AASHTO Journal, 28 March 2014
A group of 31 state chambers of commerce this week called on Congress to ensure the solvency of the Highway Trust Fund and pass a five-year surface transportation bill that offers flexibility to states.
The letter, sent Tuesday to House and Senate leadership, including Senate Committee on Environment and Public Works Chair Barbara Boxer (D-CA) and Ranking Member David Vitter (R-LA) along with House Transportation and Infrastructure Committee Chair Bill Shuster (R-PA) and Ranking Member Nick Rahall (D-WV), began by thanking Congress for passing the current surface transportation bill, MAP-21. However, the group immediately warned that the HTF is dangerously close to insolvency and that less than six months remain for MAP-21.
“In order to ensure stability and economic growth, we need to plan its successor now,” according to the letter.
In that next bill, the chamber representatives asked for at least a five-year bill to allow states certainty in their planning, as well as dedicated federal funding to keep the HTF afloat. Additionally, the letter requested flexibility for how states allocate the federal transportation funding, as well as the ability for states to pick the funding options that best work for them individually.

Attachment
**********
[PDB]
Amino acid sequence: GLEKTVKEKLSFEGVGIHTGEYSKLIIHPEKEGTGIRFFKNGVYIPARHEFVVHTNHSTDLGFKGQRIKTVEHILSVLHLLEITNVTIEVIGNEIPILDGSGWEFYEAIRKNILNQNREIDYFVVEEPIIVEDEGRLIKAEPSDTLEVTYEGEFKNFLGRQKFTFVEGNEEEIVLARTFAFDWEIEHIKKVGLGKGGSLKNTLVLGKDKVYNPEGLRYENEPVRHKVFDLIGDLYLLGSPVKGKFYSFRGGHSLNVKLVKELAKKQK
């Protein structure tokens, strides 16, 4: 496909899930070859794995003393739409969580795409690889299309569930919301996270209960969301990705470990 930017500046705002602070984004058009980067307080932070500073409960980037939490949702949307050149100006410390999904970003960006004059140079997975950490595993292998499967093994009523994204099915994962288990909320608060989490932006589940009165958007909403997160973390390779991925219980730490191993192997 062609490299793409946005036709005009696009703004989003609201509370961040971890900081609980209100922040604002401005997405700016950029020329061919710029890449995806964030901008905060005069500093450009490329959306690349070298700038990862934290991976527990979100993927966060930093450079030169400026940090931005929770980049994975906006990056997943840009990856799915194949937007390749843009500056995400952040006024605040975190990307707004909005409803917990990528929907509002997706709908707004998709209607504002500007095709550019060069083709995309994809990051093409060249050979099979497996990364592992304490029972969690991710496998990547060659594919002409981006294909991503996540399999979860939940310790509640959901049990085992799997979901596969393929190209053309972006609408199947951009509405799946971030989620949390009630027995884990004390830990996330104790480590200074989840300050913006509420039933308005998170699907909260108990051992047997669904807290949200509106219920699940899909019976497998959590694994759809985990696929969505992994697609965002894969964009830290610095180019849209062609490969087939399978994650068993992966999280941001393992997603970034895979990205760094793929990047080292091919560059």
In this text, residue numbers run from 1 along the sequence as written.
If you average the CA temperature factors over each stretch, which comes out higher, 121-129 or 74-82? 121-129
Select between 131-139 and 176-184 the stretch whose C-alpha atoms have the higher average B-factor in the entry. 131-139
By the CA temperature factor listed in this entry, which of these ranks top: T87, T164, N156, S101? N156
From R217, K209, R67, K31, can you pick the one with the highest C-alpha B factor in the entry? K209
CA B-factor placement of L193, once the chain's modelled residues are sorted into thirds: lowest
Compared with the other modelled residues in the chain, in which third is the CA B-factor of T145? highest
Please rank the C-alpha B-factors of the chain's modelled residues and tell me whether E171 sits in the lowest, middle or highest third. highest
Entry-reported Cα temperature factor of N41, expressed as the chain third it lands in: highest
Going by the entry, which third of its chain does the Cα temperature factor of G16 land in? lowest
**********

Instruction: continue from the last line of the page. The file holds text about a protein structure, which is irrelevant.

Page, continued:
The letter highlights how much states have done on their own in tight fiscal times, but that the federal government has a role to play in transportation infrastructure.
“Several states have passed their own laws to increase investment in transportation infrastructure, but state action alone is not enough,” the letter said. “Even with increased state revenues and innovative mechanisms such as public-private partnerships, there are projects of national significance that cannot be completed without federal assistance.”
Those that signed the letter represented chambers of commerce in Alabama, Alaska, Arizona, Arkansas, California, Florida, Georgia, Illinois, Indiana, Iowa, Kentucky, Louisiana, Maryland, Massachusetts, Missouri, Montana, Nebraska, New Hampshire, New Jersey, New Mexico, New York, North Carolina, North Dakota, Oklahoma, Oregon, Pennsylvania, South Carolina, Tennessee, Virginia, Washington State, and Wisconsin.
To view the letter and its signatories, go here.